An end to investing in Russia

Foreign investors have abandoned Russian markets - and index compiler MSCI could remove it altogether from its stock and bond benchmarks.

“The calamity of Russia’s war in Ukraine has put an end to international financial investing in Russia,” Christopher Granville of TS Lombard tells Bloomberg. International investors owned an estimated $86bn in Russian equities as of the end of last year, but sanctions and a Russian ban on foreigners selling securities may leave billions of dollars trapped. Index compiler MSCI is now seeking feedback on whether to remove Russia from its stock and bond benchmarks. 

The Moscow Exchange closed at the start of the week as regulators tried to head off a meltdown. The local Moex stock index is already down by more than a third this year. But while trading in Moscow was suspended, “many Russian companies are listed on overseas exchanges or trade there as depositary receipts”, says Evie Liu in Barron’s. “Those shares continued to trade on Monday, and it didn’t look pretty.”

Shares in London-listed steel business Evraz fell by 55% in five days. That is a heavy loss for “Roman Abramovich, who owns a 30% stake in the company”, says Susannah Streeter of Hargreaves Lansdown. Shares in gold miner Polymetal are down by 75% since the war began: its main buyers are Russian banks, which are being frozen out of the global financial system. Both firms look set to be relegated from the FTSE 100 at this week’s quarterly review.

Heading for default

Foreign bond investors may also get burned, says Matt Wirz in The Wall Street Journal. Russian government bonds fell more than 50% at the start of the week because of fears that sanctions could make it impossible to receive interest payments. “Russian 5.25% dollar-denominated bonds due in 2047 were quoted around 30 cents on the dollar.” This is a sign that investors think a default is very likely.

That could be financially contagious. “Banks in France and Italy each own about $25bn of Russian government bonds, and Austrian banks held roughly $17.5bn of exposure,” Ray Attrill of National Australia Bank tells the Financial Times. Thus a default would “echo through the European banking system”.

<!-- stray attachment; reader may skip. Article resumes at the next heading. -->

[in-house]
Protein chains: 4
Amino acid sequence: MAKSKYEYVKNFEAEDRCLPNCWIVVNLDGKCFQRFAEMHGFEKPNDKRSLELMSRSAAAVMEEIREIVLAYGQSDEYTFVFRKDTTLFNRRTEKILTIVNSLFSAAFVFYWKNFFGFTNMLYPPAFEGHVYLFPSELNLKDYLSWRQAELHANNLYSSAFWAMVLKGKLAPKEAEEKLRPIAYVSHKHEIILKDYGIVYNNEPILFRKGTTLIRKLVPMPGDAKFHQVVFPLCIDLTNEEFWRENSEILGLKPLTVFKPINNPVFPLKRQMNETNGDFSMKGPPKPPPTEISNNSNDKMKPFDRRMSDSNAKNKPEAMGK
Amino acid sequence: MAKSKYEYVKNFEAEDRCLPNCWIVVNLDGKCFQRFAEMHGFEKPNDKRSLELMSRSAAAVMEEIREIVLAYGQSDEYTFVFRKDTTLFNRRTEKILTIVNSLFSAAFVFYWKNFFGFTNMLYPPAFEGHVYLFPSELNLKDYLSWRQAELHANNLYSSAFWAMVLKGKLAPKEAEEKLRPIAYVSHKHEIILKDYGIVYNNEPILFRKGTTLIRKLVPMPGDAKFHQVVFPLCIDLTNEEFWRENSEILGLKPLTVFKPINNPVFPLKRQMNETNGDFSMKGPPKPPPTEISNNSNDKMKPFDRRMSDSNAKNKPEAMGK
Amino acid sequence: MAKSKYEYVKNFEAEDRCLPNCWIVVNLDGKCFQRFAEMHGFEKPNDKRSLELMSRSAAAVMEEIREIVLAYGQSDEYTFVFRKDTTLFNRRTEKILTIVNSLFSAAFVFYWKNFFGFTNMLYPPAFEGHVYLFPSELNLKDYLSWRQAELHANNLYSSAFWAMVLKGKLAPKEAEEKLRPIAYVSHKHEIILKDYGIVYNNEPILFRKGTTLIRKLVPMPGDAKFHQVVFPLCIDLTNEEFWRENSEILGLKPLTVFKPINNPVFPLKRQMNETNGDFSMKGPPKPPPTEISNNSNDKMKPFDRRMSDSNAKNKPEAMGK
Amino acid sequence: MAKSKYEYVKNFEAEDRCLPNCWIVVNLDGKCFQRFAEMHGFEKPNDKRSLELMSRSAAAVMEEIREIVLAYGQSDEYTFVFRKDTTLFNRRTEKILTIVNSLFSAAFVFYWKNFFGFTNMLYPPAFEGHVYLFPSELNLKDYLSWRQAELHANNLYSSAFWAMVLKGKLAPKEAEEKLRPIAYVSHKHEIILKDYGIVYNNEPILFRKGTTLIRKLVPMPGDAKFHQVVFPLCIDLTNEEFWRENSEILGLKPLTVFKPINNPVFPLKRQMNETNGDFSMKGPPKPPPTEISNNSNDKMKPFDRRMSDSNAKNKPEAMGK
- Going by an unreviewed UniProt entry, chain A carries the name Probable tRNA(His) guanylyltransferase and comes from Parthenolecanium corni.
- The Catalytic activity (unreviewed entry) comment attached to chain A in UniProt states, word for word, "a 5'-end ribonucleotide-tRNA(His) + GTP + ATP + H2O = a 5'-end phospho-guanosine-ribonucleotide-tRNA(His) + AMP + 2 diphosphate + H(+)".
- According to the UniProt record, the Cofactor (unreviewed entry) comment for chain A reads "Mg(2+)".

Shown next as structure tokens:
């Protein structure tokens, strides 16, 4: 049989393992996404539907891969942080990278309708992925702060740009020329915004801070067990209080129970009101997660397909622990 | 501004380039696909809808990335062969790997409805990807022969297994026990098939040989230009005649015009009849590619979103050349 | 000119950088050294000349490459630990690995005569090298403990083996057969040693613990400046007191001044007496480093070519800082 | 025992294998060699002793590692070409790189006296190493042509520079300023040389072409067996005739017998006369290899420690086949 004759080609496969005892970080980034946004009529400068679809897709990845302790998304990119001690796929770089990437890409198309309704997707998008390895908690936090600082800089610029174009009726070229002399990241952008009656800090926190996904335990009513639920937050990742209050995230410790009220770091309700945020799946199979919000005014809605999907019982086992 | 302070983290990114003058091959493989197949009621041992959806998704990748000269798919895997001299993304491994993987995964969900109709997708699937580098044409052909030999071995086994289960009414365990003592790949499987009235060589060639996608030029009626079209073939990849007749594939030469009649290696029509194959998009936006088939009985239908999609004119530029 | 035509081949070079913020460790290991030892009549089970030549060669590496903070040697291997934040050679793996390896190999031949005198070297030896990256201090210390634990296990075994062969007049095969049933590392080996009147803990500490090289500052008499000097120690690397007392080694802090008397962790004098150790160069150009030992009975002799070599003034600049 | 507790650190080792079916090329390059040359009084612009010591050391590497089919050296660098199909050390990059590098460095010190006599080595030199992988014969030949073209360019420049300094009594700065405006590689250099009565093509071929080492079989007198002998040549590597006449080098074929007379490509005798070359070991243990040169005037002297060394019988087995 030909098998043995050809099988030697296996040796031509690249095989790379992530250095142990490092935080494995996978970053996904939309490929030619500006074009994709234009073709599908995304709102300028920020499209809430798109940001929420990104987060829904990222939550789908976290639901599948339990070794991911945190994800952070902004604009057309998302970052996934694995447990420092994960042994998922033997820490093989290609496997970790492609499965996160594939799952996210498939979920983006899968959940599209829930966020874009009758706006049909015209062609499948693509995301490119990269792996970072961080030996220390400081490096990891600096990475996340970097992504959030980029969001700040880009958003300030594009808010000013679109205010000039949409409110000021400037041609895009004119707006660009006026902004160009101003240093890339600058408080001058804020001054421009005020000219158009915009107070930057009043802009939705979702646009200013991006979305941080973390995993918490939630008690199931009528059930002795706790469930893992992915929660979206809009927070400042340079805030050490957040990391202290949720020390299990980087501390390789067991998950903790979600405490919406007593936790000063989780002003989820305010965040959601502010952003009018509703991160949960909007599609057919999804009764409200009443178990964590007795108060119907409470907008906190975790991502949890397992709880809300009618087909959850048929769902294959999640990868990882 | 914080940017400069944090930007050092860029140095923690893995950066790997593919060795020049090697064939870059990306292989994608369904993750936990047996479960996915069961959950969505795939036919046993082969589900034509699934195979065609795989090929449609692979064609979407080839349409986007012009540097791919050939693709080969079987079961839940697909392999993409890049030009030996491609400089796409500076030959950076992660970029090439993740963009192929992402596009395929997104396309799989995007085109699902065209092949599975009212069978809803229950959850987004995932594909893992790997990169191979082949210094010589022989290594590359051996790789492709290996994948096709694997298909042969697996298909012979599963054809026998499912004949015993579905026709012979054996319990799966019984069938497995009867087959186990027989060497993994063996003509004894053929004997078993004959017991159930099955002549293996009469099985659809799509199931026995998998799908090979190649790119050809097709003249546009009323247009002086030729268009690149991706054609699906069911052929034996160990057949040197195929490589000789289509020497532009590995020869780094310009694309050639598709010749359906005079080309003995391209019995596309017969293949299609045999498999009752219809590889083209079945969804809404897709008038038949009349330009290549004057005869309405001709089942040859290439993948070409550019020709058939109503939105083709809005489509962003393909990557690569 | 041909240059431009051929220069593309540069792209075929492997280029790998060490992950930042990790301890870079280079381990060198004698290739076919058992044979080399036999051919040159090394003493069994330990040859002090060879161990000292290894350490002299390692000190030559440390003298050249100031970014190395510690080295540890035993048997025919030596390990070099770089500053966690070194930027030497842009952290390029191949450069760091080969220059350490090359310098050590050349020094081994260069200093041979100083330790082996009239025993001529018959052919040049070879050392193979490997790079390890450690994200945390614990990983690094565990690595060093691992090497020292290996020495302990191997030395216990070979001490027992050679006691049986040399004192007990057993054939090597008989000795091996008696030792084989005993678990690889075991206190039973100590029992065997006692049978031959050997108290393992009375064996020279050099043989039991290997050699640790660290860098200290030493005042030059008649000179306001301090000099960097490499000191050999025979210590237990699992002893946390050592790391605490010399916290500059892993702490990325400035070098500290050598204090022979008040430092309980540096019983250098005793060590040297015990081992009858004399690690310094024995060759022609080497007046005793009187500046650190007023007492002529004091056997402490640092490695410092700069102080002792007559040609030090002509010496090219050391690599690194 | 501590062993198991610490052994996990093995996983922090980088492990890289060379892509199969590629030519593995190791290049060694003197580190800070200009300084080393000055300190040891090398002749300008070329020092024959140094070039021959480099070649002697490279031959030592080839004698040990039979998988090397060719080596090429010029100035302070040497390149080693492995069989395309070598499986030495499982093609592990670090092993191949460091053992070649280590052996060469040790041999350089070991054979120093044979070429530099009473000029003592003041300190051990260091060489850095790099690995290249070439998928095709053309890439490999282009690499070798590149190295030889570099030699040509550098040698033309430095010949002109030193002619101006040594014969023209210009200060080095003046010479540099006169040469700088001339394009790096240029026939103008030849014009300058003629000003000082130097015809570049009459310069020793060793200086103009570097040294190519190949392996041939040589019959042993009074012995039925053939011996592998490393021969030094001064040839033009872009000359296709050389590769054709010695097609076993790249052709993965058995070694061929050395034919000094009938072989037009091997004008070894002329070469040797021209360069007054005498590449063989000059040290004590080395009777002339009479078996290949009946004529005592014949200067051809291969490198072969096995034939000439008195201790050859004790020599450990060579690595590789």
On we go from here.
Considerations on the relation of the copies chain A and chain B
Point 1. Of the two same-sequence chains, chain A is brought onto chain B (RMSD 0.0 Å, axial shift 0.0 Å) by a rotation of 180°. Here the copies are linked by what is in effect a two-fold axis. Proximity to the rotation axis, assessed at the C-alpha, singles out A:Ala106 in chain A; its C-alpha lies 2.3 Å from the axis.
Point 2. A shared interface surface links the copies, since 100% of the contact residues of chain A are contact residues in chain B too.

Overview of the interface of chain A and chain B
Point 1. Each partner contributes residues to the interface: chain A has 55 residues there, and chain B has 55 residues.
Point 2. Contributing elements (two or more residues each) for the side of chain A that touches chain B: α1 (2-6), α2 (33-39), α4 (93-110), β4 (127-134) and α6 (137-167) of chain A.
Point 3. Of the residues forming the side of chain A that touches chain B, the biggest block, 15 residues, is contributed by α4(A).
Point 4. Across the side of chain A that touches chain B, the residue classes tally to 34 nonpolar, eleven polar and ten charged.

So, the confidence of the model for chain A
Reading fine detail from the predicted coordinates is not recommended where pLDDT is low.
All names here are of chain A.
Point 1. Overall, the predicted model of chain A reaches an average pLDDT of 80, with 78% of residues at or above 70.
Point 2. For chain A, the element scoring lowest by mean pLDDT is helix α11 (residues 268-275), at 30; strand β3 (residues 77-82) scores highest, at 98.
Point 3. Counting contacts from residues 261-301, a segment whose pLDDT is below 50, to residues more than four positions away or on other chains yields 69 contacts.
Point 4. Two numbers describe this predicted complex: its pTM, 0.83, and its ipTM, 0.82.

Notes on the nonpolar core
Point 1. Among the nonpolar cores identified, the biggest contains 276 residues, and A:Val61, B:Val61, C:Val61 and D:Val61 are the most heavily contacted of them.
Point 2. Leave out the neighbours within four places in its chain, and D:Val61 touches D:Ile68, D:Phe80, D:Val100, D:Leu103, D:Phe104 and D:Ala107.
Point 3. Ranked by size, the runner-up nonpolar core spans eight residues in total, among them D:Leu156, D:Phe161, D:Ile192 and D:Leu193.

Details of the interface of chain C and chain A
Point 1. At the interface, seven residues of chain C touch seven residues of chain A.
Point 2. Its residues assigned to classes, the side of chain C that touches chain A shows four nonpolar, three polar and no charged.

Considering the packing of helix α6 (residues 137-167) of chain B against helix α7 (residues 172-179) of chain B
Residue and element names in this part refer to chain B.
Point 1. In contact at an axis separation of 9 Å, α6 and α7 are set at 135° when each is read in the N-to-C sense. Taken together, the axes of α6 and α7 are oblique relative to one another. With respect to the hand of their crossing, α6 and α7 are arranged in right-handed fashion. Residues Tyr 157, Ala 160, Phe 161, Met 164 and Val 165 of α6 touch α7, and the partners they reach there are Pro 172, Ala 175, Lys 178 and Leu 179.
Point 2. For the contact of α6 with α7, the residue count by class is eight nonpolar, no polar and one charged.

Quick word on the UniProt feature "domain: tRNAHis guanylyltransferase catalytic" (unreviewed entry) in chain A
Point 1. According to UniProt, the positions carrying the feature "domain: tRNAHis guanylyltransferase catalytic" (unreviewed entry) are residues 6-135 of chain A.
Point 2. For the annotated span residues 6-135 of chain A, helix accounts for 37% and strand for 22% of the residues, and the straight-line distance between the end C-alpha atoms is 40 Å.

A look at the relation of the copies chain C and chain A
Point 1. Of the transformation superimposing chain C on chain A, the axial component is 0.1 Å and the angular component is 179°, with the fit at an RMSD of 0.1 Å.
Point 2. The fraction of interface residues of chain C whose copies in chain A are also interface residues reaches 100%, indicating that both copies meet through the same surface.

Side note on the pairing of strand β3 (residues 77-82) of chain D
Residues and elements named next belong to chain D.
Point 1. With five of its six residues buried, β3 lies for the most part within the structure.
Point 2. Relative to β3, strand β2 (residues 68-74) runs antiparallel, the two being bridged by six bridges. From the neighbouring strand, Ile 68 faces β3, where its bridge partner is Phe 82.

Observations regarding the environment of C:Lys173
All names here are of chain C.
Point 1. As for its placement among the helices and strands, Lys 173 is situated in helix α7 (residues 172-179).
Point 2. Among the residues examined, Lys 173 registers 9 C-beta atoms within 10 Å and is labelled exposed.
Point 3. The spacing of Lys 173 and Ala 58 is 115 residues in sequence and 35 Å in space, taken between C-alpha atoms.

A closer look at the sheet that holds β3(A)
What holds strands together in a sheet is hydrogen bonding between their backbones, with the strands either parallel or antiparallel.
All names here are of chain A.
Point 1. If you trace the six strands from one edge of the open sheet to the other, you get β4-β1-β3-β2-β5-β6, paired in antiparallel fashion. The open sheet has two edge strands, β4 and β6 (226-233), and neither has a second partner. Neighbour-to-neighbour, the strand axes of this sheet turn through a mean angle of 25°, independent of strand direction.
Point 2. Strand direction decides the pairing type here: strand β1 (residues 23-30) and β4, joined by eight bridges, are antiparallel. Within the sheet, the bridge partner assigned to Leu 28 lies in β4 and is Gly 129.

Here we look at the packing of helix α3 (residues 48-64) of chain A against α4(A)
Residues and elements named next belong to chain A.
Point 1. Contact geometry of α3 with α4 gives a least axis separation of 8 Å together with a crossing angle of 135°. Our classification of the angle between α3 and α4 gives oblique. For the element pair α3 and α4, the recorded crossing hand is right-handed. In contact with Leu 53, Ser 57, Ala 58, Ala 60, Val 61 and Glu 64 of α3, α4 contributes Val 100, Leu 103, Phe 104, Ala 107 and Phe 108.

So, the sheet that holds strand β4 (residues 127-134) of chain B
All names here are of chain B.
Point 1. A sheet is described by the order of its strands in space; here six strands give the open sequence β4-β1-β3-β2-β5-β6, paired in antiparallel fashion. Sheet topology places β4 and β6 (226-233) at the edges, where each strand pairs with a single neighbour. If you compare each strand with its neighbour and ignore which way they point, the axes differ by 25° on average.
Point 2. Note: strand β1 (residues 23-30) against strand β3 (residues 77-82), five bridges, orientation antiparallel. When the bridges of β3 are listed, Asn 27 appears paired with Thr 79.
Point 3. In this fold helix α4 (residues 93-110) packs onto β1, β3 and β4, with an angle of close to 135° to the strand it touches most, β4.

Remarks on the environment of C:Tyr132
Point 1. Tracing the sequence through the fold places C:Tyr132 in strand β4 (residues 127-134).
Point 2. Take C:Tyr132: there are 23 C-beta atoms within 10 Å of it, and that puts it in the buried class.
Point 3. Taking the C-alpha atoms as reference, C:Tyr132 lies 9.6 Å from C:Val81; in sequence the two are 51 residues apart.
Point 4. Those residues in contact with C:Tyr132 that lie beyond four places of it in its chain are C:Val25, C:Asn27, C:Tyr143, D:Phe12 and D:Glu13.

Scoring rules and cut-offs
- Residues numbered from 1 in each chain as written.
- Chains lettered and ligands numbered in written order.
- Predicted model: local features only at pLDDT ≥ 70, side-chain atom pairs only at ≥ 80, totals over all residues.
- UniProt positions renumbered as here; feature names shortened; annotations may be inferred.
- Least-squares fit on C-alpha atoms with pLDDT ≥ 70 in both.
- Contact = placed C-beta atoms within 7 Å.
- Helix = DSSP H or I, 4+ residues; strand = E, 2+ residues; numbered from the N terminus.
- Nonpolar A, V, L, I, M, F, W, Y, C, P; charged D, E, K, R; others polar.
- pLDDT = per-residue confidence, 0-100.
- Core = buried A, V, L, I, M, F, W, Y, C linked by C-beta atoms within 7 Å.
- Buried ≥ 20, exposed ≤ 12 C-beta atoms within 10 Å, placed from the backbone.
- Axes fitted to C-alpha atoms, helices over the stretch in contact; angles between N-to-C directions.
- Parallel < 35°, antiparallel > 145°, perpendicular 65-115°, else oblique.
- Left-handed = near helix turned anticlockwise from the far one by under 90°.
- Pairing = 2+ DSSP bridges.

Overseas arms of Russian banks may collapse (such as Sberbank Europe), but “these are probably too small to create systemic risks”, says Neil Shearing of Capital Economics. Nonetheless, the possibility of a bank run in Russia remains a serious risk. 

Still, “it is hard to conceive a complete collapse of Russia’s economy as long as it can keep selling its oil at almost $100 a barrel”, says Jon Sindreu in The Wall Street Journal. That will bring a $20bn current account surplus each month. And the plunging rouble (see below) will depress domestic consumption, which could drive that surplus even higher, towards $30bn a month, says Sofya Donets of Renaissance Capital.

Investors head for safe havens

“The idea that geopolitical uncertainty raises the gold price isn’t mere folklore,” says Chris Dillow in Investors’ Chronicle. “Since 2006, a one standard deviation rise in uncertainty has been associated on average with a $230 per oz rise in gold.” So it’s no surprise that gold has now topped $1,900 per oz for the first time in 18 months.

Other safe-havens are also drawing more interest. Bond yields – which move inversely to prices – had been rising this year on expectations of tighter monetary policy, but markets are now pricing in slower interest rate rises. Yields on the benchmark US ten-year bond have fallen back to mid-January levels. Yields on Germany’s ten-year bund have fallen back below zero. Safe-haven currencies have also risen. The Swiss franc has hit its strongest level against the euro since 2015, while the US dollar is at its strongest since June 2020.

Cryptocurrencies are also emerging as a surprising safe-haven, says Ipek Ozkardeskaya of Swissquote. Bitcoin had fallen back earlier this year, but it has gained more than 12% against the dollar since the start of February. “The coin… is now the asset that Russians and Ukrainians rely on” as their access to the traditional financial system is closed off, with strong reported purchases “using roubles and hryvnias”. But for Western investors, the idea that cryptocurrencies may be used to evade sanctions raises new regulatory risks.

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